Cryptocurrencies, highly speculative as they are, have found an ally in stablecoins. With the great crypto crash casting doubt on the promise of a bright digital currency future, people tend to turn to safer ground rather than risk it all for higher liquidity. This could well be one of the main reasons why there is a blatant increase in interest in stablecoin investment.
What stablecoins are
Unlike the bitcoin which is a stand-alone cryptocurrency, a stablecoin is collateralized which means it is pegged to an underlying asset. Assets could be in the form of fiat money (US Dollar, Euro, etc.), gold and other precious materials, or even other cryptocurrencies.
The best thing about stablecoins
A stablecoin is essentially cryptocurrency and certainly behaves like one. It runs on unique cryptography which makes duplication close to impossible. Transactions involving stablecoins are done in a decentralized blockchain network. The only difference (which is the best thing about stablecoins) is that since it is pegged to an underlying asset, it is not subject to the volatility stand-alone cryptocurrencies are known for.
There are different kinds of stablecoins. These include the following:
- Fiat-collateralized stablecoins. These stablecoins have the most regulatory conditions since the cryptocurrency is pegged to actual state-minted currency such as the US dollar. This type of stablecoins is subjected to central controls which straddle the line between honest-to-goodness crypto or tokenized investment. Examples of fiat-collateralized stablecoins include Circle-USDC; Gemini Dollar; AAA Reserve; Paxos Standard; Globcoin; Stasis; Stronghold; Stably; TrustToken-TrueUSD; Tether-USDT; and X8X.
- Crypto-collateralized stablecoins. Investors who do not like too many regulations or are wary about central authority can opt for this type of stablecoins. These coins are pegged to fellow cryptocurrencies. The only limitation here is that investors are exposing them to the market’s volatility since the underlying asset’s value is fairly unpredictable. However, assurances are given to the investor through a security pledge. This states that the token issued might not have a 1:1 ratio towards the collateralized crypto. This pledge will be upheld even if the stablecoin has an existing 1:1 ratio to the underlying asset. Examples of crypto-collateralized stablecoins are Havven-NUSD; Bitshares BitUSD; and MakerDAO-DAI.
- Algorithmic supply stablecoins. Here, an algorithm via the Seigniorage Shares system directs the supply volume in order to maintain the value of the stablecoins. If the value is low, stablecoins are sold through smart contracts. If the value is high, more tokens will be supplied to the market. Examples of algorithmic supply stablecoins are Kowala; Ampleforth; and Anchor.
- Commodity-collateralized or metal-backed stablecoins. As the name suggests, these stablecoins are pegged to precious metals such as gold. Notable stablecoins of this nature are Digix Global, Tiberius Coin, SwissRealCoin, and HelloGold.
- Hybrid and Alternative. There are some stablecoins that could share characteristics of different kinds of stablecoins. Some are pegged to both fiat and cryptocurrencies. Some are completely decentralized but still run on an algorithmic supply and demand. Examples of this type of stablecoins are Celo, Terra Money, Phi, Saga, and Aurora-Boreal.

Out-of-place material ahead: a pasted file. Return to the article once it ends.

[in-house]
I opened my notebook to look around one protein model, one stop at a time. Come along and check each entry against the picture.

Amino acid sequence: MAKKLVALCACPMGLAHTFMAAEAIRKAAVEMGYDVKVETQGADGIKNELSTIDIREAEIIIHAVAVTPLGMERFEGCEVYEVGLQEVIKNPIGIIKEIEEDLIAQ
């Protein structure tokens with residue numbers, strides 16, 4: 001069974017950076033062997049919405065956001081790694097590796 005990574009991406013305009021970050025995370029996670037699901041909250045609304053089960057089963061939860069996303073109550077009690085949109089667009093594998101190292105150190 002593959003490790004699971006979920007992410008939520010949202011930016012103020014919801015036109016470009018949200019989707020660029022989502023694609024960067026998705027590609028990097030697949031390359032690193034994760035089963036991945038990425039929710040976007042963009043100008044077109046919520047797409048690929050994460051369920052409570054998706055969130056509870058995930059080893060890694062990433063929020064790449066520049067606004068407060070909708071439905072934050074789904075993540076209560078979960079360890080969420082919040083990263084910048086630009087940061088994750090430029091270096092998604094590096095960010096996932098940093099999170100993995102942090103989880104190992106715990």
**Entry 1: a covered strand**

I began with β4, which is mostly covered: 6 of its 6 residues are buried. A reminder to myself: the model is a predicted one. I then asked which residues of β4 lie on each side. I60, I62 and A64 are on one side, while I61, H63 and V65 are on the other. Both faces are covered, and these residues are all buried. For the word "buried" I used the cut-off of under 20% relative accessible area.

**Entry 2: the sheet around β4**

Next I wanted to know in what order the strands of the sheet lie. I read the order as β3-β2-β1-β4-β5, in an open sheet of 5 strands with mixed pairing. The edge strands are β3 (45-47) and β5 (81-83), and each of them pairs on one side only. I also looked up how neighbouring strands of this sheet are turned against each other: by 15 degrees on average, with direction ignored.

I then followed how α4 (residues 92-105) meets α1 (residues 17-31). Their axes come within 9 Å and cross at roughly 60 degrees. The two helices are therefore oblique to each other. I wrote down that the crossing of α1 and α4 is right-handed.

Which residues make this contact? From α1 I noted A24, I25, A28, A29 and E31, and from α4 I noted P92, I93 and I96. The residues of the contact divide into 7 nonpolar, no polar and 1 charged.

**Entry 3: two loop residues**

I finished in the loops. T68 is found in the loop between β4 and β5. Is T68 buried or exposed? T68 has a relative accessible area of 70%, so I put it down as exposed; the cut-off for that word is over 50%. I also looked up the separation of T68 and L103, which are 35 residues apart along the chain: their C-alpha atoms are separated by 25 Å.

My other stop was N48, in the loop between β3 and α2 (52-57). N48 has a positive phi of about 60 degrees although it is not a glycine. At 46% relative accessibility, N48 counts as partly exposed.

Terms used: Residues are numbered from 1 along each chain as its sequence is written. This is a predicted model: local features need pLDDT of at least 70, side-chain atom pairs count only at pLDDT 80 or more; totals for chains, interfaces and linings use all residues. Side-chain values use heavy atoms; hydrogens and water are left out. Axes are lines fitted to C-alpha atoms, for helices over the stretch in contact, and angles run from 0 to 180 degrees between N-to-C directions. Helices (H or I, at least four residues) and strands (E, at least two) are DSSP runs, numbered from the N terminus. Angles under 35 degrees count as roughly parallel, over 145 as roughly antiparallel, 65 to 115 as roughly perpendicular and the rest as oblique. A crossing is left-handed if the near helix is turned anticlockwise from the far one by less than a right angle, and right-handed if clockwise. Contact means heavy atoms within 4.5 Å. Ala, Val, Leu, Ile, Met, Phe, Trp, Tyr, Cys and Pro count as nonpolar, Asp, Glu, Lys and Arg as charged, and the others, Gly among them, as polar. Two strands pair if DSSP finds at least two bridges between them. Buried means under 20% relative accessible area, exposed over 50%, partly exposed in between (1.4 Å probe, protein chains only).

- Cross-border payments and remittances are made easier and cheaper with stablecoins since they run on a blockchain network sans central controls.
- Compared to stand-alone cryptocurrencies, stablecoins particularly the fiat-collateralized type are legally backed and secure.
- Investors can rest assured that they are not exposed to the volatile nature of the cryptocurrency market.
- Stablecoins are best for remittances since migrant workers can just send money via digital wallets to their families back home. Family members can then exchange it for fiat money all at real time.
- Just in case the fiat currency is losing steam, investors can immediately switch stablecoins to a better performing currency mostly the US dollar or commodity-collateralized stablecoins.
- Stablecoins operate on trust. This means fraudulent companies can take advantage of unsuspecting investors. Investors have to make sure stablecoin sources conduct periodic third-party audits to make sure investments are safe, secure, and transparent.
- Since fiat-collateralized stablecoins operate with some degree of central authority, crypto enthusiasts might feel constrained with all the regulatory conditions in place.
- Stablecoins are known to be less liquid as compared to their stand-alone counterparts. Take for example commodity-collateralized stablecoins. One cannot just withdraw precious metals like you would fiat money. It will take a longer time to gain access to the actual underlying asset stablecoins are pegged on.
- Cryptocurrency-collateralized stablecoins are as vulnerable to volatile fluctuations as the cryptocurrencies these are pegged on.
- Finally, non-collateralized and crypto stablecoins might be too technical to understand for a regular investor.
Purchase, Trade, Redeem
When investors want to purchase or trade stablecoins, they have to register in legitimate stablecoin exchanges. Once done, user-friendly instructions are given to successfully complete a purchase or trade. For redemption, one can either have a digital wallet or bank account to which redeemed funds are sent to. Once stablecoins have been sent, enter desired redemption amount and withdraw it from the bank or from corresponding payment centers.
With less volatility and the fact that these are legally backed, stablecoins might just be the best choice, especially for first-time cryptocurrency investors. At the end of the day, however, it is still up to the investor if stablecoins are worth the time despite their limitations.